By Tony Jeffreys
The government decides soon whether or not to allow commercial growing of Genetically Modified crops in Britain. If it heeded public or scientific opinion it would say no to GM.
Not surprisingly, after the BSE catastrophe, salmonella scares and the like, the public doesn't want their food messed with any more. The government consulted widely throughout the summer. 20,000 people went to 675 meetings; the 'GM nation?' website received 2.9 million hits; 36,557 people filled in and returned the feedback forms. The result?
- 93% believe GM technology is driven by profit not public interest
- 86% would be unhappy about eating GM food
- 84% believe GM crops will cause 'unacceptable interference' with nature
- 54% hope GM crops will never be grown in Britain
- 2% would be happy with GM food in all circumstances.
If politics were a matter of pleasing the people, there would be no commercial growing of GM crops in Britain.
So much for public opinion. What about the science?
It is true that people have eaten food derived from animals fed on GM crops for years with no ill-effects to their health reported so far. But that does not rule out ill-effects appearing in the future! Or new GM crops producing ill-effects.
The damage that has been found so far is to the environment, and environmental damage has an unpredictable potential to damage health in the future.
On 16 October the results are due for release of the government's GM crop trials. The trials have mostly hit the headlines for protestors ripping the crops out of the ground. But enough crops have been grown and enough results collected for the scientists involved to tell the government confidently that they are worried about GM.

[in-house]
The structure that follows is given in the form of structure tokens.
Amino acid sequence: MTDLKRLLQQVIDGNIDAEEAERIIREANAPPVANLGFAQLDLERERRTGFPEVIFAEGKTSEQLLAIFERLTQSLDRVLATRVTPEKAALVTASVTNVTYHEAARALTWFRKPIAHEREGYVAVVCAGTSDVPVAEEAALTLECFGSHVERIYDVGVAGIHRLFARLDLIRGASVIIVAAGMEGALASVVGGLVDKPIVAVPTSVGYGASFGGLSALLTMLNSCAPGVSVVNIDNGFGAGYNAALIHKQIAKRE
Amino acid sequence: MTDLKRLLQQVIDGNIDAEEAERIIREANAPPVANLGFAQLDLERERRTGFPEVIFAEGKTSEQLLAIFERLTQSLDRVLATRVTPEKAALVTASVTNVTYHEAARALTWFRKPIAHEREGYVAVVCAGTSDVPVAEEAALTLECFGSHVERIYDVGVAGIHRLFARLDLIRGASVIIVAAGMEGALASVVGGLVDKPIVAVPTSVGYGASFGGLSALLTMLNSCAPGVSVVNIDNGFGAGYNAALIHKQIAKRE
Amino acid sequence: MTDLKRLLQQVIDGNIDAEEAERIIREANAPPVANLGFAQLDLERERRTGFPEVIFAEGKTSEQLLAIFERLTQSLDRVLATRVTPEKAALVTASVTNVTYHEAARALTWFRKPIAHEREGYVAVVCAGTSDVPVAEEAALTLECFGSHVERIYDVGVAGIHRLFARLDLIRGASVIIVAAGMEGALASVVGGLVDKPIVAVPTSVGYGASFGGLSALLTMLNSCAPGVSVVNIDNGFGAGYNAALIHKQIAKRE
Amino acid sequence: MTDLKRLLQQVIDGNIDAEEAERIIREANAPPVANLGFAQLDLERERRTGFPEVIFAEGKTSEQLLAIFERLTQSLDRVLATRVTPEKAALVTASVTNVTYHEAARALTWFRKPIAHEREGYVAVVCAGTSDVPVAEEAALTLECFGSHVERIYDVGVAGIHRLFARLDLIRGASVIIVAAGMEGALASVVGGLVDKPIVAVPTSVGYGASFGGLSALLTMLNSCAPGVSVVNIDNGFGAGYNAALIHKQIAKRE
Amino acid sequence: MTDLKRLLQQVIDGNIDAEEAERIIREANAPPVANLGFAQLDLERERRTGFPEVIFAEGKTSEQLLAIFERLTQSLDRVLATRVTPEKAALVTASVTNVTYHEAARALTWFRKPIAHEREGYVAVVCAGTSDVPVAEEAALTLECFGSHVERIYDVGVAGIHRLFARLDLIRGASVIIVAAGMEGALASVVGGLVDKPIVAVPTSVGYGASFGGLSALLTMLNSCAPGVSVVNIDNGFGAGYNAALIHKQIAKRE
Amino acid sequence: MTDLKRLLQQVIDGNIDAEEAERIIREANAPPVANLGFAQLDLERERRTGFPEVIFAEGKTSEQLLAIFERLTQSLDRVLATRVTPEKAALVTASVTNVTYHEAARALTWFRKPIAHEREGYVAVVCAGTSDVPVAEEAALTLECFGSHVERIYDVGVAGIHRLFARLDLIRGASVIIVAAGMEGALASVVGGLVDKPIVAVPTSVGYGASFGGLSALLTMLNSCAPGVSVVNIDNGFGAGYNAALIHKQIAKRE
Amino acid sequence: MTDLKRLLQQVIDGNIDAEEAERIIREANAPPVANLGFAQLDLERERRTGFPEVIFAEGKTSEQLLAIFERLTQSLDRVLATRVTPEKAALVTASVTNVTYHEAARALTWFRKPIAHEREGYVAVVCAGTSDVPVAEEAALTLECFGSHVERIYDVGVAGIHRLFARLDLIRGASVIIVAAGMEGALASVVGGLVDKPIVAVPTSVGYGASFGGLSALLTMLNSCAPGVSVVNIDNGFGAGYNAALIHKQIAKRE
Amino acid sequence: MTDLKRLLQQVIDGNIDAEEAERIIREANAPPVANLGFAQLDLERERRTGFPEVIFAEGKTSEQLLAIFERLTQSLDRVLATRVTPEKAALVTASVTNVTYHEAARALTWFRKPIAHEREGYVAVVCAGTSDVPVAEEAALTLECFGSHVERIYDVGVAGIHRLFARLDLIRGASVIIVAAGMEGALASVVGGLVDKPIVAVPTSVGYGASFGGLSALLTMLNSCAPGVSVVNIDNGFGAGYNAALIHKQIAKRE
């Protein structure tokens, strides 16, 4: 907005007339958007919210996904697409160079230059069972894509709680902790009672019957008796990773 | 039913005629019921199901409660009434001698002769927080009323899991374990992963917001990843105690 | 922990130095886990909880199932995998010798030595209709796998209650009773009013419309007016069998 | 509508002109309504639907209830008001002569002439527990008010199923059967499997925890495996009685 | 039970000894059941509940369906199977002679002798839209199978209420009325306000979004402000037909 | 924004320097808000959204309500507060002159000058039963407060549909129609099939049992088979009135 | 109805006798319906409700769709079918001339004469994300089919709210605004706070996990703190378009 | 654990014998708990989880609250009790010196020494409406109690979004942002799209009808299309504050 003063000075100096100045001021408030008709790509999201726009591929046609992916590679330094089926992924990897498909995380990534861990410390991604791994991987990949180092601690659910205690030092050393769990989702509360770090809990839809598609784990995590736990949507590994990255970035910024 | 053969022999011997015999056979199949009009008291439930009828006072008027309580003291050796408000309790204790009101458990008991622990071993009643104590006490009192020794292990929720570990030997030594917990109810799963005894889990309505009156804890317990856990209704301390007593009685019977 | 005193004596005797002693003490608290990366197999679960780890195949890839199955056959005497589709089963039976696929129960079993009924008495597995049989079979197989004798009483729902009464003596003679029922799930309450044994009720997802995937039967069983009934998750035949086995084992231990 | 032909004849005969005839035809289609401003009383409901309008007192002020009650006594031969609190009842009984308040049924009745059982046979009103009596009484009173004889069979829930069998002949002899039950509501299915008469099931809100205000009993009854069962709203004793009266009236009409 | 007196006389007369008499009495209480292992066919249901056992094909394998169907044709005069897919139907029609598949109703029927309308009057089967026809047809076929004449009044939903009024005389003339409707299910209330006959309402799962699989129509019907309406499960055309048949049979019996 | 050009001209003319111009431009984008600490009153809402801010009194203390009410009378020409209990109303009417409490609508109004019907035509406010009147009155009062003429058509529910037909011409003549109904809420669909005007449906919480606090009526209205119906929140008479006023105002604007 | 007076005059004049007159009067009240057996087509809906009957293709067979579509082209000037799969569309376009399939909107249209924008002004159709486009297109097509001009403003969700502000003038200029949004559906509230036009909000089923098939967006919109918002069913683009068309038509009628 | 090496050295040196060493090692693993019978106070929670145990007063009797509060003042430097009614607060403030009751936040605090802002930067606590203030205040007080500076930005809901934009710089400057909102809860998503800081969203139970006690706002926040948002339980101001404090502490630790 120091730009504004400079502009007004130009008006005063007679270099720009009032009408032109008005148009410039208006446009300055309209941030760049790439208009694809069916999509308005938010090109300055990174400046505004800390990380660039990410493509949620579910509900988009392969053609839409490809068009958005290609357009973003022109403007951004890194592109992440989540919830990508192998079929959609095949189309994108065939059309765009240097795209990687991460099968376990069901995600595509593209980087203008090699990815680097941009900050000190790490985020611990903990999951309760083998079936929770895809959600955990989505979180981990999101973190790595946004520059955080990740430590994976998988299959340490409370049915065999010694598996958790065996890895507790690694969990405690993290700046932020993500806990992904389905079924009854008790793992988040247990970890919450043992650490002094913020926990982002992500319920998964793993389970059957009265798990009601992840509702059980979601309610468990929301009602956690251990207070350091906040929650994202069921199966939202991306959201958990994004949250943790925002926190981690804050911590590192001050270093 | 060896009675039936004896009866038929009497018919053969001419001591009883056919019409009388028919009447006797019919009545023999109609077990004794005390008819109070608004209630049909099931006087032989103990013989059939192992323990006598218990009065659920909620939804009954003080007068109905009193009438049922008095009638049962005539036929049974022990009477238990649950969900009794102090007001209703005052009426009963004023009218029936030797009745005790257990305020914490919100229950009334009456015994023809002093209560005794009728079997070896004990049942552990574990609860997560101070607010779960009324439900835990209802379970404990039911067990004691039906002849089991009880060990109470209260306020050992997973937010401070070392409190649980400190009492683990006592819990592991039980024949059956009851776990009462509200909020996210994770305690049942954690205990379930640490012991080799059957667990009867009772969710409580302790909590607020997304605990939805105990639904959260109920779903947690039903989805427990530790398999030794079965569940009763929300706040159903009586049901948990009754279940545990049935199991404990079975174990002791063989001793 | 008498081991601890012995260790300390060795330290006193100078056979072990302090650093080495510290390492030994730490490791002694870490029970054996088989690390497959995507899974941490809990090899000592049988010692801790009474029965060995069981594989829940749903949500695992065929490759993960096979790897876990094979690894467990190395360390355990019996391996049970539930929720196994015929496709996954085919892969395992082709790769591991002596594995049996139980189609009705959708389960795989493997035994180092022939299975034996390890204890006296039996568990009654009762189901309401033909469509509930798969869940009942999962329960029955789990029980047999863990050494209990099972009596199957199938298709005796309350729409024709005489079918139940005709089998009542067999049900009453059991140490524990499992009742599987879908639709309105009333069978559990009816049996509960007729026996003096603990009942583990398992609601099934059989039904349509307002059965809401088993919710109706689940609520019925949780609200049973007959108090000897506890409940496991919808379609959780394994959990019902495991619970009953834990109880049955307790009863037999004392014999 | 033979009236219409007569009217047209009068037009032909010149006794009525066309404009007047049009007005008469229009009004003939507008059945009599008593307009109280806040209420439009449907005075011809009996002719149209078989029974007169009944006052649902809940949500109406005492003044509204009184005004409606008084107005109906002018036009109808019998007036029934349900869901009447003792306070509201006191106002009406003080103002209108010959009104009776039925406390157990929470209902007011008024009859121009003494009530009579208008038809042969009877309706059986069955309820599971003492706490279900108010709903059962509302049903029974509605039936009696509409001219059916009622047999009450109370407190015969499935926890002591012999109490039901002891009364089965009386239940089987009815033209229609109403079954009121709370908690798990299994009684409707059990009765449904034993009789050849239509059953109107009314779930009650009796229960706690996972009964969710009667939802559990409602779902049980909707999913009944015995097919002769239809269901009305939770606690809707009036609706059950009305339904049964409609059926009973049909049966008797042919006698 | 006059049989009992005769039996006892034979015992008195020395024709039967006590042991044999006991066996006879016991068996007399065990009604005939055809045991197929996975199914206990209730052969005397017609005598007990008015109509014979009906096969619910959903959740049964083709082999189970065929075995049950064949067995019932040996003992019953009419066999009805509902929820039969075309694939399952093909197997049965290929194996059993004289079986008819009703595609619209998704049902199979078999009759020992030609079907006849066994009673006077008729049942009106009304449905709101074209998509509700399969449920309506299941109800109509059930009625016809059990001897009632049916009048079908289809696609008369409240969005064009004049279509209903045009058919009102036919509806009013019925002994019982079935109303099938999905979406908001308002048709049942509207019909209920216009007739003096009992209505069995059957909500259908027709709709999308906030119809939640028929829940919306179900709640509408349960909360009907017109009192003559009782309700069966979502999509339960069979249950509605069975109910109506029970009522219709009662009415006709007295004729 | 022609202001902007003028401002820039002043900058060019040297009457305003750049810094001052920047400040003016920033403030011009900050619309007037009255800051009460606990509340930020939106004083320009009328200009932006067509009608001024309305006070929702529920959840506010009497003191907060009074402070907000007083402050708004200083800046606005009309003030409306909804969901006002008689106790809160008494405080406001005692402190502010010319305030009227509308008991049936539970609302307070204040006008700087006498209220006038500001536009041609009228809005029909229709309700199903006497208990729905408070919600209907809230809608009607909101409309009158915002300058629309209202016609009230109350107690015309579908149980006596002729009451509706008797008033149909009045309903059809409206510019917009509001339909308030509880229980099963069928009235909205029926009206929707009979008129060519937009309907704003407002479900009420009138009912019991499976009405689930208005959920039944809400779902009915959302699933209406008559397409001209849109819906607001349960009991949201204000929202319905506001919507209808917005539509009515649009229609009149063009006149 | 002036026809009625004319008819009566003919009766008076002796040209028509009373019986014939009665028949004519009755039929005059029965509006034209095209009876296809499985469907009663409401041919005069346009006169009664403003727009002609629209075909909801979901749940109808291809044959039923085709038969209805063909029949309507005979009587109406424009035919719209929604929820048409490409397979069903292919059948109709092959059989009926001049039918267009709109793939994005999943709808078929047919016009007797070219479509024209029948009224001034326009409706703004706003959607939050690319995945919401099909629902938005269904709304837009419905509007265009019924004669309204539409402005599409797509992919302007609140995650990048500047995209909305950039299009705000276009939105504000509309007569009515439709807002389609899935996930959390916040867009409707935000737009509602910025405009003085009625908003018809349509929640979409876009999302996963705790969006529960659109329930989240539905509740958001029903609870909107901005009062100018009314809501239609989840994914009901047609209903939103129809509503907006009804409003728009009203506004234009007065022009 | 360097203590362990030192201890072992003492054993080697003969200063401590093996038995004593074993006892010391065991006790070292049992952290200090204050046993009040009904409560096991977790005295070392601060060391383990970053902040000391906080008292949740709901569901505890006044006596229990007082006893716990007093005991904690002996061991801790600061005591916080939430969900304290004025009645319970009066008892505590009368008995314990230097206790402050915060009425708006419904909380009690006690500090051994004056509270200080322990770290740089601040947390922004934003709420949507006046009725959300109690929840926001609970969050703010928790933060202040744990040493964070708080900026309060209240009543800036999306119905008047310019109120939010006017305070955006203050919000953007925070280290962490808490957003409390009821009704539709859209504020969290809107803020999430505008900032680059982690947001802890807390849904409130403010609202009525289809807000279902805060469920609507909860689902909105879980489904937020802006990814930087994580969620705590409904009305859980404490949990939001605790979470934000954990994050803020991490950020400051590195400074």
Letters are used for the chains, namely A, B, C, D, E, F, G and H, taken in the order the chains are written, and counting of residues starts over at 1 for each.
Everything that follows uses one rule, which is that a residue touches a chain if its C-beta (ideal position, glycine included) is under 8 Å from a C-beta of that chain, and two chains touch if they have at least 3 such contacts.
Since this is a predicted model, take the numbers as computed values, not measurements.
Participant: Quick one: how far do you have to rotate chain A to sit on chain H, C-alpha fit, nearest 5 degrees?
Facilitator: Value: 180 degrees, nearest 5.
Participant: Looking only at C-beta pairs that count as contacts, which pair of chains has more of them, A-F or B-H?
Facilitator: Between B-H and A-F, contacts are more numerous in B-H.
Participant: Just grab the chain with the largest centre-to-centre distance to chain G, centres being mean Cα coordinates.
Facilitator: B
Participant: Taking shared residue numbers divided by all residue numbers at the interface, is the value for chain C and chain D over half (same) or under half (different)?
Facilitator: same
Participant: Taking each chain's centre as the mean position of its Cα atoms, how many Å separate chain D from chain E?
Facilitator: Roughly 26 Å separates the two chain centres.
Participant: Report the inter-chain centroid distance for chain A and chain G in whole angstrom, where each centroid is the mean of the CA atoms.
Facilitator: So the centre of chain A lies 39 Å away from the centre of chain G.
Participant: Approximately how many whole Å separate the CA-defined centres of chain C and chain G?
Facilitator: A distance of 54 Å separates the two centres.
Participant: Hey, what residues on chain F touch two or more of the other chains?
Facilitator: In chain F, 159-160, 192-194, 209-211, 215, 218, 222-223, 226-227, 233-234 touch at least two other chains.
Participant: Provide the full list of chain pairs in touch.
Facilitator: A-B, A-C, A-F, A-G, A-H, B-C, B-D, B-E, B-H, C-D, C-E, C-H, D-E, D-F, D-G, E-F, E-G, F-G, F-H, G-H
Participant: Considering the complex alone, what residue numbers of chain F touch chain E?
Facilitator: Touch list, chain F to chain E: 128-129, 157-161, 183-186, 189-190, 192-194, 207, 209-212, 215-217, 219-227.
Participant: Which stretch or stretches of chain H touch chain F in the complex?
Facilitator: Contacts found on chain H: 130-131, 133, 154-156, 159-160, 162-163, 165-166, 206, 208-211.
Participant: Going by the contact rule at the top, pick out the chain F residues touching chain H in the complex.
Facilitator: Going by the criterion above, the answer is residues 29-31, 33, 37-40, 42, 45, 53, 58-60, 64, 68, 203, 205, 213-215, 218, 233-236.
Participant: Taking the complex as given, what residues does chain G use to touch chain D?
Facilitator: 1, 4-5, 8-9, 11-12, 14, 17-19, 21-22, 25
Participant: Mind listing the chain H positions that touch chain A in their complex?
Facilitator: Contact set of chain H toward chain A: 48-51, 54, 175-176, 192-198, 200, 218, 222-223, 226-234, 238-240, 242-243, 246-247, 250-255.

Oil-seed rape, sugar beet and maize crops, GM and non-GM varieties, were grown in adjacent fields. The GM varieties were sprayed with Monsanto and Bayer herbicides, intended to be used with the GM varieties that are resistant to them. The non-GM crops were sprayed with conventional herbicides. For rape and sugar beet, damage to insect and other plant populations on the field margins was greater for GM than for non-GM crops.
The damage in the above instance is not caused by GM crops as such, but by the spraying that goes with them. But GM crops do have another proven and worrying drawback: their seeds contaminate adjacent crops, and in time, might make everything GM, whether we want it or not.
If the government heeds the public and now the scientists and decides not to allow GM commercial cultivation, it will be going against the EU which recently decided to lift its moratorium on GM, and it will be going against George Bush who backs the agrochemical companies that developed GM.
The US is pushing the WTO to punish the EU for restraining trade: the EU has decided that foodstuffs containing more than 0.9% GM material must be labelled as such. For George Bush, informing consumers represents restraint of trade!
Great claims are made for the benefits of GM. Its champions say it will lead to increased yields - there is as yet little evidence of this - and could solve the problems of world hunger! We are all in favour of science - if GM could be proved to show substantial benefits to mankind, who would resist it? The fact is, that hasn't been proved and isn't likely to be. 1% of GM research so far is aimed at improving the products used by poor farmers.
We don't need GM to solve world hunger: we need democratic politics, to target science and resources on satisfying human need, not the shareholders of commercial companies like Monsanto and Bayer.
'Tractors and trolleys against GM' protest
Monday 13 October, Central London
More details from Friends of the Earth, tel 0808 800 1111
Green Gloves Pledge: "If the UK government gives the go-ahead to commercialise the growing of GM crops I pledge to non-violently remove GM crops from the ground or support those who take action to remove GM crops."
More details at Greengloves website